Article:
The Missing Semester
2013 EIFLE Book of the Year (Adult, General)
- The Institute for Financial Literacy
 
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A letter to this year's graduating class


The Missing Semester - Gene Natali Jr.

Dear graduates,


If you are under 23 and think “I have plenty of time,” think again. September will be here before you know it, and so will 30. 

 

Over the past 12 months I have met with your peers in classrooms and auditoriums across the country. We’ve talked about life after school and its financial realities. I’ve met a generation of people who care about each other and about society, are willing to be taught, are willing to work hard, but don’t like to be told they are wrong (few of us do).  It’s ok to be wrong. We all are at times. Being unprepared is different.  And it’s a condition you can control. 

 

Last year’s class graduated with average per-student loan debts of around $30,000. You will have a little bit more.  $30,000 is a lot of money, but by itself doesn’t represent a crisis. That’s because education is the greatest form of empowerment—whether college, high school, or other (college is not the only path to success).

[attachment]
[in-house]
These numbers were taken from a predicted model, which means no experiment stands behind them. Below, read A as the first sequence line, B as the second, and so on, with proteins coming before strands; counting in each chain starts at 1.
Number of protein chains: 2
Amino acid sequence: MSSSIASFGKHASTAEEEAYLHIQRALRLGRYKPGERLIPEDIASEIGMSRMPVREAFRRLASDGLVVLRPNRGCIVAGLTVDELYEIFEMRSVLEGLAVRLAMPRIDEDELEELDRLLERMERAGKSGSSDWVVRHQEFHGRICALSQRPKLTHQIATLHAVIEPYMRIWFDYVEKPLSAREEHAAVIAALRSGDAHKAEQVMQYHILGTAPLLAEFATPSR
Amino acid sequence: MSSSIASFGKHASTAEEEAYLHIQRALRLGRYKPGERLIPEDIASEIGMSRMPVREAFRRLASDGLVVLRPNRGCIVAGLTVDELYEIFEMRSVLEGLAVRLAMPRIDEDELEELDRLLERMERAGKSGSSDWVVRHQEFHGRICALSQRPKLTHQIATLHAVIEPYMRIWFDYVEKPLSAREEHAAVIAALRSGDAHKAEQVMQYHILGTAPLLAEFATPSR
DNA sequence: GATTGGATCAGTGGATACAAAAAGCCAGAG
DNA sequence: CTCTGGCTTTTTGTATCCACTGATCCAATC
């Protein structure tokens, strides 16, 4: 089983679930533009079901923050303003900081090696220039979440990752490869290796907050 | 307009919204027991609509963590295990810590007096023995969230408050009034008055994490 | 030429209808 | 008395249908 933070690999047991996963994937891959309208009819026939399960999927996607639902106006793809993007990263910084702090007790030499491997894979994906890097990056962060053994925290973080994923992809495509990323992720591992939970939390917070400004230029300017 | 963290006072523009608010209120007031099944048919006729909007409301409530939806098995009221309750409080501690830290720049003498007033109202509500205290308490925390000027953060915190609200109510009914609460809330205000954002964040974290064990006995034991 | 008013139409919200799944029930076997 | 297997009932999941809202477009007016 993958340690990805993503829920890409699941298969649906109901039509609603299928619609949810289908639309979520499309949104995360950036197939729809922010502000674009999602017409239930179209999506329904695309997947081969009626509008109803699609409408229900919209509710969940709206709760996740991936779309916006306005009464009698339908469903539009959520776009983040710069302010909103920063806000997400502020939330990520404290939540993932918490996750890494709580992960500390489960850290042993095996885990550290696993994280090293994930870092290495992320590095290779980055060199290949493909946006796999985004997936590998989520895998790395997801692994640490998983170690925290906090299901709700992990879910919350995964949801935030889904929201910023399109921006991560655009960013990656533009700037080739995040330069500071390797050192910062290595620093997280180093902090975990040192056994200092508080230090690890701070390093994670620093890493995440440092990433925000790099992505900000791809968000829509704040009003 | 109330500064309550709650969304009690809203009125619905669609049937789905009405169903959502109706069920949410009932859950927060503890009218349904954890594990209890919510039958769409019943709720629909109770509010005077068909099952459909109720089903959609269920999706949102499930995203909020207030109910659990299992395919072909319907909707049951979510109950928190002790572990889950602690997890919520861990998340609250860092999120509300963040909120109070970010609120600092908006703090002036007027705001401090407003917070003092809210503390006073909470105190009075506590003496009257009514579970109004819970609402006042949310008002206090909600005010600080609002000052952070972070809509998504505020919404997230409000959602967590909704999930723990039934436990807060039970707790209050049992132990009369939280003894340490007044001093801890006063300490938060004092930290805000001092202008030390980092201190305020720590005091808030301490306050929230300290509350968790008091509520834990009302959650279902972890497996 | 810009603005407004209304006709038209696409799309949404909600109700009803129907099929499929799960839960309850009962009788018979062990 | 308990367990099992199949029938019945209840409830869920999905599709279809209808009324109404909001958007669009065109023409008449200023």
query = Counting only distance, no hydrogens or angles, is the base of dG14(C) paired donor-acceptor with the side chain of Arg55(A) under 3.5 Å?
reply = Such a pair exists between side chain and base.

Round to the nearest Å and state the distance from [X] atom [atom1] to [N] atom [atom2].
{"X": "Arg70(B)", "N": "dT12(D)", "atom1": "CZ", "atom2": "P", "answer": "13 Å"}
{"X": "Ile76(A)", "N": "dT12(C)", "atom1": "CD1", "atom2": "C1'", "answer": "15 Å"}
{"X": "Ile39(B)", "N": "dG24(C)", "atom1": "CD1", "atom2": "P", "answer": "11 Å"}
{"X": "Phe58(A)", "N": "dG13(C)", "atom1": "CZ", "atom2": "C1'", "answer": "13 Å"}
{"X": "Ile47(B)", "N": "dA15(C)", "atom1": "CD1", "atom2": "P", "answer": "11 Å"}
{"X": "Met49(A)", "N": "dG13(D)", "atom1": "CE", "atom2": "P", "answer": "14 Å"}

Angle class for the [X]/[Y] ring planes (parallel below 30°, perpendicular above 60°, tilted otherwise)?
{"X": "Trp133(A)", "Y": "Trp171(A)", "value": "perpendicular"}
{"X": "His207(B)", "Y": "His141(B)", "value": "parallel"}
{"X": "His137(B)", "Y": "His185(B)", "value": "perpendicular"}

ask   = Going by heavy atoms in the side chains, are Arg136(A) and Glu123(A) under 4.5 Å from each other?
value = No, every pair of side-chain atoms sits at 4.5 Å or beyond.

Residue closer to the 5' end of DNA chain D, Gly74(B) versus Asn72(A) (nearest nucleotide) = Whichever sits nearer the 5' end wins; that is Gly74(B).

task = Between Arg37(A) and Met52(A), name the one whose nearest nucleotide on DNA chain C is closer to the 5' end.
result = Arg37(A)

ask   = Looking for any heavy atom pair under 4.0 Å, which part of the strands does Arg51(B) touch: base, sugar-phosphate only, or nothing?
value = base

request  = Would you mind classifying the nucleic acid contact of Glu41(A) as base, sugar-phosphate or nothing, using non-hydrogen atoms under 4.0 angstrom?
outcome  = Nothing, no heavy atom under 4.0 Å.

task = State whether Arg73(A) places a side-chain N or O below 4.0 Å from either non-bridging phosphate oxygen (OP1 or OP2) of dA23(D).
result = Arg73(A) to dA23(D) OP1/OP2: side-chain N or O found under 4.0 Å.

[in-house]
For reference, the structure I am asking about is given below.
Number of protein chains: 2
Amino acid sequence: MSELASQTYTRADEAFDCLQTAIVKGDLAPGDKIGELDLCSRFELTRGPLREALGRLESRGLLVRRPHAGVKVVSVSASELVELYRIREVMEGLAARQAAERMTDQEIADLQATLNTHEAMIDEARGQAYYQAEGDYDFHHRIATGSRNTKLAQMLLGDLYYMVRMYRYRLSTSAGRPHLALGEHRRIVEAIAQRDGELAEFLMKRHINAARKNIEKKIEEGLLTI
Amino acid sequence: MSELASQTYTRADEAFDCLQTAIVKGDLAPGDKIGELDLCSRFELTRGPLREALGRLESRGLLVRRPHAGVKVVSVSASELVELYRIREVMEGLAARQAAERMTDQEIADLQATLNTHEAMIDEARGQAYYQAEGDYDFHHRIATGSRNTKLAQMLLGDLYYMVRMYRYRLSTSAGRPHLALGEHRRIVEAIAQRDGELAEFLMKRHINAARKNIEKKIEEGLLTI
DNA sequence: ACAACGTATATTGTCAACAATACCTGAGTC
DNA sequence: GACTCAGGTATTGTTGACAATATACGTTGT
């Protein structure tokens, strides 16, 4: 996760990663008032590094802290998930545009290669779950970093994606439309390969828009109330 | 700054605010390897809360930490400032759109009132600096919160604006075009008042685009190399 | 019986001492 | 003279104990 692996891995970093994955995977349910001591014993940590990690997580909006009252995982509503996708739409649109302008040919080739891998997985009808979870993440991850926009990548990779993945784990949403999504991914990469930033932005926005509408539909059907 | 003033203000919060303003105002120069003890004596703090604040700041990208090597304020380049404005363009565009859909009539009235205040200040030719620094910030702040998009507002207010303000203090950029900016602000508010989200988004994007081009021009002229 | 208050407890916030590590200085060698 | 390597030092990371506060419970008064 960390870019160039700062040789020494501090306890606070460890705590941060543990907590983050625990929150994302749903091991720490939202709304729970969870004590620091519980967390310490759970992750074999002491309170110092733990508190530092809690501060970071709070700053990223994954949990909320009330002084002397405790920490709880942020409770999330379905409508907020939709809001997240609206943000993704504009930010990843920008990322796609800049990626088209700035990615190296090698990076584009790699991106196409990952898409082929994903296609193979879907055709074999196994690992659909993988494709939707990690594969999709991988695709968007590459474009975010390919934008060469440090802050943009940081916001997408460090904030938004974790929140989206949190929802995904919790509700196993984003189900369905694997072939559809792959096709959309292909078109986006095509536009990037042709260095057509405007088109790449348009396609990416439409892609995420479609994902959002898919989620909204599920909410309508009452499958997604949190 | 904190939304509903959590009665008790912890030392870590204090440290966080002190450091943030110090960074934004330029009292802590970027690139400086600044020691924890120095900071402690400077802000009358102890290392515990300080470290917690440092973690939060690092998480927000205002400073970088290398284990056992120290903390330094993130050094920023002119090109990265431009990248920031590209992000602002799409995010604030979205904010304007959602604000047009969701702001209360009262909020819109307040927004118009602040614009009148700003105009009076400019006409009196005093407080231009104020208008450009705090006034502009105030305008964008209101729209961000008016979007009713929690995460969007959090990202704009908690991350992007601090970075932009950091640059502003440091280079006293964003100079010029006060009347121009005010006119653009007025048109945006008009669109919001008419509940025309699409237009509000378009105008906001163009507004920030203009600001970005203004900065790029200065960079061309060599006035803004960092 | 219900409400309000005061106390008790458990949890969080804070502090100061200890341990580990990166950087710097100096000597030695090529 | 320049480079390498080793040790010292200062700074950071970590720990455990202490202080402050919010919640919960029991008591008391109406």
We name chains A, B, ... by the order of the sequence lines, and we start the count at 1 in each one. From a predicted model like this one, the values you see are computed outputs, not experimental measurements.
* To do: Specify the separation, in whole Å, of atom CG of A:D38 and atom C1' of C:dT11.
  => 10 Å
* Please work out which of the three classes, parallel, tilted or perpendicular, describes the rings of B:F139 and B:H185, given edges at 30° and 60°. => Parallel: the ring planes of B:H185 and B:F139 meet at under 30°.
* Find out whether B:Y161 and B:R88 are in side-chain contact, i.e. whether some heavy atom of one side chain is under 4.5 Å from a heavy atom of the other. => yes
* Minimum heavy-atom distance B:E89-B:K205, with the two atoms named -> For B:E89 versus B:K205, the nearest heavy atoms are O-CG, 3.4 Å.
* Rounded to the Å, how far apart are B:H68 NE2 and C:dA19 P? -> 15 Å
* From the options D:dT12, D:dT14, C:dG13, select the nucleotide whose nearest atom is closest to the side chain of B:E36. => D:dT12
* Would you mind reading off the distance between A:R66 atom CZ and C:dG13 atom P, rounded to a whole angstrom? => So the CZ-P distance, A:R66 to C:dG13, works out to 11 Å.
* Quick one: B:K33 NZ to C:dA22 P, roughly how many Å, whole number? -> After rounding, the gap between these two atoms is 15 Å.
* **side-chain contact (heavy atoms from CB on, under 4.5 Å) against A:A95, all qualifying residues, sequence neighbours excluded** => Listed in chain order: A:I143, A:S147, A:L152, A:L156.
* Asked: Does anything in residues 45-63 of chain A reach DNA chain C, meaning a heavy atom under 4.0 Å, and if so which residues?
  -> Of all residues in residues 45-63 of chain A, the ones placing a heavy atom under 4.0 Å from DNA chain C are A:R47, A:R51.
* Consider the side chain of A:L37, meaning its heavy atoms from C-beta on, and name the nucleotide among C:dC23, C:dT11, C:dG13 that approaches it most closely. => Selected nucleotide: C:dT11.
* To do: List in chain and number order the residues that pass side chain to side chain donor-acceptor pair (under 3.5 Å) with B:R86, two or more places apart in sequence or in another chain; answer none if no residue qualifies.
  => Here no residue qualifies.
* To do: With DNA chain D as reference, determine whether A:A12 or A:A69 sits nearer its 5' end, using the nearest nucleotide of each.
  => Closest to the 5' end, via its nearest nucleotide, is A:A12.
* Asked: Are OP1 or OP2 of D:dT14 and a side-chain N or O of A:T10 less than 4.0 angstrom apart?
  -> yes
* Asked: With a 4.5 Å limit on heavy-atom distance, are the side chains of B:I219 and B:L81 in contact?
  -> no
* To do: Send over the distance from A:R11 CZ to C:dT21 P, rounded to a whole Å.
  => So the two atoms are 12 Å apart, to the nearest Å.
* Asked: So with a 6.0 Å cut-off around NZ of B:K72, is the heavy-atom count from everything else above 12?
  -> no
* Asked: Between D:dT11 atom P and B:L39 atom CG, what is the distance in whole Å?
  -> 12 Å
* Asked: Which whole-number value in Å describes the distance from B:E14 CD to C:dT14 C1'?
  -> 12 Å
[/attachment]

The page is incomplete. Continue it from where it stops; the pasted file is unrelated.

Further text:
But there is a crisis. Most of you have not been taught how to manage those very same student loans or how to avoid the many basic money mistakes that, cumulatively, can have crippling lifetime consequences.Money 101 is “the missing semester” in far too many of our nation’s schools and homes. Yet all of you will face important money decisions. Many of you have already made them.


Your financial decisions have consequences. That’s the first lesson.

 

The second is more promising.  Age is an opportunity. It’s an opportunity to take control— an opportunity so powerful that it could transform the lives of your generation.  

 

One day, you will turn 65.  And when you do, you will still need money to live.  So would you rather?  


1.)  Save and invest $3 a day for the 10 years from the age of 25 to 35, and nothing thereafter.


2.)  Save and invest nothing until age 35, and $3 a day for the 30 years from age 35 to 65.

  

If you choose wisely, and future stock market returns average what they have over the past 100-years, you’ll have $465,281 when you turn 65. Choose poorly and that number drops to $242,995. Choose poorly and you’ll also be working three times as long for half as much.  And while, yes, there are ways to catch up, the best opportunity is now

 

   

I challenge you to take control and stay in control by making responsible, intelligent money decisions.

 

You’re in charge!  Now go do it.